My general impression of this story is that it feels like a very good first draft. The concepts are fascinating and original, and it’s clear the author knows what they’re trying to do with this idea. But the execution feels like it falls a little short. The bond between the aliens and narrator doesn’t quite feel believable to me, not in the span of time presented, and not with the limited interactions we actually see between the characters.
That said, take my review of the story with a grain of salt. Romance is not a genre I am well-equipped at reviewing, and others may feel that the relationship between the pair is fine.
-Good first line; asks the reader questions and intrigues them enough to keep reading.
-I like the way this story jumps right into the action; the comet’s collision with earth.
-You should probably make it more obvious what “ETSD” stands for.
-This story apparently takes place on earth, but the astronomy center can brain-wipe employees. This suggests a parallel earth of some sort?
-Montgomery says “Don’t injure yourself”. Is discovering a new planet’s coordinates physically taxing? Or does she simply mean “Don’t overwork yourself”?
-The entire text of “disagree with Mickie” is repeated.
-The narrator’s feelings surrounding the Lightoids are well explored.
-Reminds me of “the arrival” a little, with the importance of establishing communication.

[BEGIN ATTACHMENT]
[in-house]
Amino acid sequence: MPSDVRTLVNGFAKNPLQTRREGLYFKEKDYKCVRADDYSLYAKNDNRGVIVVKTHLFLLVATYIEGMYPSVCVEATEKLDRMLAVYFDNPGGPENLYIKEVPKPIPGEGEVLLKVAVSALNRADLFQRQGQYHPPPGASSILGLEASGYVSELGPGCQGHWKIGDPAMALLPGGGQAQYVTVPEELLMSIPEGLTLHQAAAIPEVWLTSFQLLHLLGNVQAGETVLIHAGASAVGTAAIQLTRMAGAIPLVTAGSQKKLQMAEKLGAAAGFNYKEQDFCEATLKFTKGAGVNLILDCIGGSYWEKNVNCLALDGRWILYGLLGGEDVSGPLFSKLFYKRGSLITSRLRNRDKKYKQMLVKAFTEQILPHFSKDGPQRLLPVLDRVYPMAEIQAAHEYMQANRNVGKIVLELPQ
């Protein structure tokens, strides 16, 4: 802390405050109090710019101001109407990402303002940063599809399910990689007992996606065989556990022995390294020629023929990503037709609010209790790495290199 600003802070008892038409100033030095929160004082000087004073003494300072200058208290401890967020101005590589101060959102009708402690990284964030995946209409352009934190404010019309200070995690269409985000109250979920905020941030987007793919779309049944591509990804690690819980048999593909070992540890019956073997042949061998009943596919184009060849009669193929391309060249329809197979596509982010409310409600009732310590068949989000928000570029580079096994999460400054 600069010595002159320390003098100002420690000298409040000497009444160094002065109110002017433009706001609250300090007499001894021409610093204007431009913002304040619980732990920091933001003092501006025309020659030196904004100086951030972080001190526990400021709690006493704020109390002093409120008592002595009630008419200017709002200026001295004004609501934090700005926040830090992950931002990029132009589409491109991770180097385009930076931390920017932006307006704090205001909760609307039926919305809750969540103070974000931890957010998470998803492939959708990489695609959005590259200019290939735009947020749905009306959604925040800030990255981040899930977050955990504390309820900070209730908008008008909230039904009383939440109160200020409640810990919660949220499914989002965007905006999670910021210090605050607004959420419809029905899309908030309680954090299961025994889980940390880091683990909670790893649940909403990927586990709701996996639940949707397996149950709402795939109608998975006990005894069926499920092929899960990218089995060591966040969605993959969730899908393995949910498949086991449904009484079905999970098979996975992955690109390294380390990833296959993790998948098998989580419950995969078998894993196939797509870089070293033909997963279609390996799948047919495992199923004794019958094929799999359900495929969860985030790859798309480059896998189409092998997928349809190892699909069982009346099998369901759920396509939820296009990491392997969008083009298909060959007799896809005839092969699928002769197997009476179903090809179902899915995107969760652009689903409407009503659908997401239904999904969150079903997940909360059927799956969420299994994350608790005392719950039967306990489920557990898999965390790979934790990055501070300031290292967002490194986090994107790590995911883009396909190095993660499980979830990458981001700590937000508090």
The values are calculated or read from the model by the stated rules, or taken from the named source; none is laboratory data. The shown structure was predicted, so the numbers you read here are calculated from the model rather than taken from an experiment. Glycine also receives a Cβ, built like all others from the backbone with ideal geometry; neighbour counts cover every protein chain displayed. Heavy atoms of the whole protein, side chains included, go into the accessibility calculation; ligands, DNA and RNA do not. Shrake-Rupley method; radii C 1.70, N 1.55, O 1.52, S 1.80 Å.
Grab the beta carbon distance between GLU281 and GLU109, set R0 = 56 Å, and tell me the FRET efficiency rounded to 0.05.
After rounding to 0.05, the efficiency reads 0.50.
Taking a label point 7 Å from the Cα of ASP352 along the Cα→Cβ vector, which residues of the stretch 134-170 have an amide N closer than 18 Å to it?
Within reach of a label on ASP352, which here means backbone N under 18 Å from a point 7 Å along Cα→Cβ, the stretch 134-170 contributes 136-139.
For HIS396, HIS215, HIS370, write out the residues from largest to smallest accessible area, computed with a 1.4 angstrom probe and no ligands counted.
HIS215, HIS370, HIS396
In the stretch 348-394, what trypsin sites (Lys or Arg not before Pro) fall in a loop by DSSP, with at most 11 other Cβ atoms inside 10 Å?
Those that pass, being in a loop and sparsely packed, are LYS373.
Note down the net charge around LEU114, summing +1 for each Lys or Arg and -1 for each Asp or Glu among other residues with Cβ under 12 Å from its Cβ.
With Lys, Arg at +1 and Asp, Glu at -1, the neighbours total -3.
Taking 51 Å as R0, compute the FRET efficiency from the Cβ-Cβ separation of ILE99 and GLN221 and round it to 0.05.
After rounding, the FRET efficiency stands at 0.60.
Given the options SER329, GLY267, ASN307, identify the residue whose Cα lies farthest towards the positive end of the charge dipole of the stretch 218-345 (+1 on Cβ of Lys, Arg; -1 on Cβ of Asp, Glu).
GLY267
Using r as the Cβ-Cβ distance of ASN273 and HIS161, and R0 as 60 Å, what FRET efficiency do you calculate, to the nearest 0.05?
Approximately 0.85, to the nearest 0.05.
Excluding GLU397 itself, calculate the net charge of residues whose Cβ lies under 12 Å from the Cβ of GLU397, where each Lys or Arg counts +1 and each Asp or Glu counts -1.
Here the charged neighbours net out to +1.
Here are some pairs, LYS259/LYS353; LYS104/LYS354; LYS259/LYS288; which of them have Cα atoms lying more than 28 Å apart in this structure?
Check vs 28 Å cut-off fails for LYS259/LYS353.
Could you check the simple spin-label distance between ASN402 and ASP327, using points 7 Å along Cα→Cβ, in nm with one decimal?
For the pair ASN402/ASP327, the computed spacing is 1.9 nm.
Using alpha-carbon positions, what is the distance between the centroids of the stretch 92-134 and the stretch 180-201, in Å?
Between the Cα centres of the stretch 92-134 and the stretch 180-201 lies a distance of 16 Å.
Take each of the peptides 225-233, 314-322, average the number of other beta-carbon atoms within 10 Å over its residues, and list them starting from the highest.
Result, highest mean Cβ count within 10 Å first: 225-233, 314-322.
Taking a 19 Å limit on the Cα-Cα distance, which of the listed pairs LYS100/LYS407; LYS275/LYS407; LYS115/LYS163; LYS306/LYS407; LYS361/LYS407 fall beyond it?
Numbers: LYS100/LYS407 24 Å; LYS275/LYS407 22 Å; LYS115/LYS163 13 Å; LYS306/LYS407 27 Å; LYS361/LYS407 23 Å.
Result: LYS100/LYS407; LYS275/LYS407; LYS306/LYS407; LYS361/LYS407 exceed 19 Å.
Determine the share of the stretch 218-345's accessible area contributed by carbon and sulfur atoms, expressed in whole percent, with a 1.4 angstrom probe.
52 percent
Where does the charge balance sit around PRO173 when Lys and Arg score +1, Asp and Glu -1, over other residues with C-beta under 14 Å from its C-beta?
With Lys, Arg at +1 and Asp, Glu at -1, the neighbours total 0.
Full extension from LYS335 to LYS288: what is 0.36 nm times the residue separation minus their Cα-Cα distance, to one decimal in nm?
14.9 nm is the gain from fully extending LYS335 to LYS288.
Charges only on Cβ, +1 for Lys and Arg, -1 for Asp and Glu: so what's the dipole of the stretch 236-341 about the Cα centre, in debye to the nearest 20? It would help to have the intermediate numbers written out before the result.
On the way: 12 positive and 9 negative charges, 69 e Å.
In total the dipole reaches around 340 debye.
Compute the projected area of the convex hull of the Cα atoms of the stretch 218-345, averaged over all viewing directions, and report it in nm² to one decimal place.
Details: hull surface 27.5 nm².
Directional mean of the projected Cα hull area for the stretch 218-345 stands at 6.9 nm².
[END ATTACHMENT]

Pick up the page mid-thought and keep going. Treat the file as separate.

-I like the journal. It’s a good summary device, and the images add flavor to the story.
-“Came all the way from Polaris.” Does this mean Earth has now traveled to and established colonies in other star systems? If so, I’d recommend making this more clear.
-At this stage, I’m having a hard time buying the growing bond between Quinn and the Lightoids. Even if we assume her lucid dreams are a form of contact from them, she still hasn’t established any for m of communication with them, and they only know her as just another scientist keeping them imprisoned. Quinn may be one of the few trying to reach out and communicate, but she’s not yet succeeded, and the Lightoids have no way of knowing her intentions.
-Lol: “You screamed, as a human who has just been thrown out of a window is apt to do”
-The ending where there’s static electricity between your fingers is interesting, suggesting the narrator’s adventures are not over.
-I like the device of additional journal pages appearing in the endings.
Mastery of Language:
-The past tense is kind of throwing me off, but that’s a me problem, I’m used to storygames being in the present tense.
-The grammar in this story is good, but as far as the structure and pacing of individual sentences, I think it could have used another round of editing. There are some places where the wording feels odd, or unrelated to previous clauses, or with repeated words, and distracts the reader from the story.
-“As whatever was colliding with Earth” feels odd, as they know it’s the comet. EDIT: Oh I see, you’re refering to the comet’s mysterious properties that made it not burn up as ice ought to.
Mechanics & Coding: Good, there’s a bit of scripting surrounding the “buy time” choice, nothing too complex.
Initially seems good, with multiple choices provided to the player. However, a replay reveals that most of these choices result in rebranching. Unless these chocies have some scripting behind them that isn’t immediately obvious, this is a fairly linear story, with a major path that splits in the middle.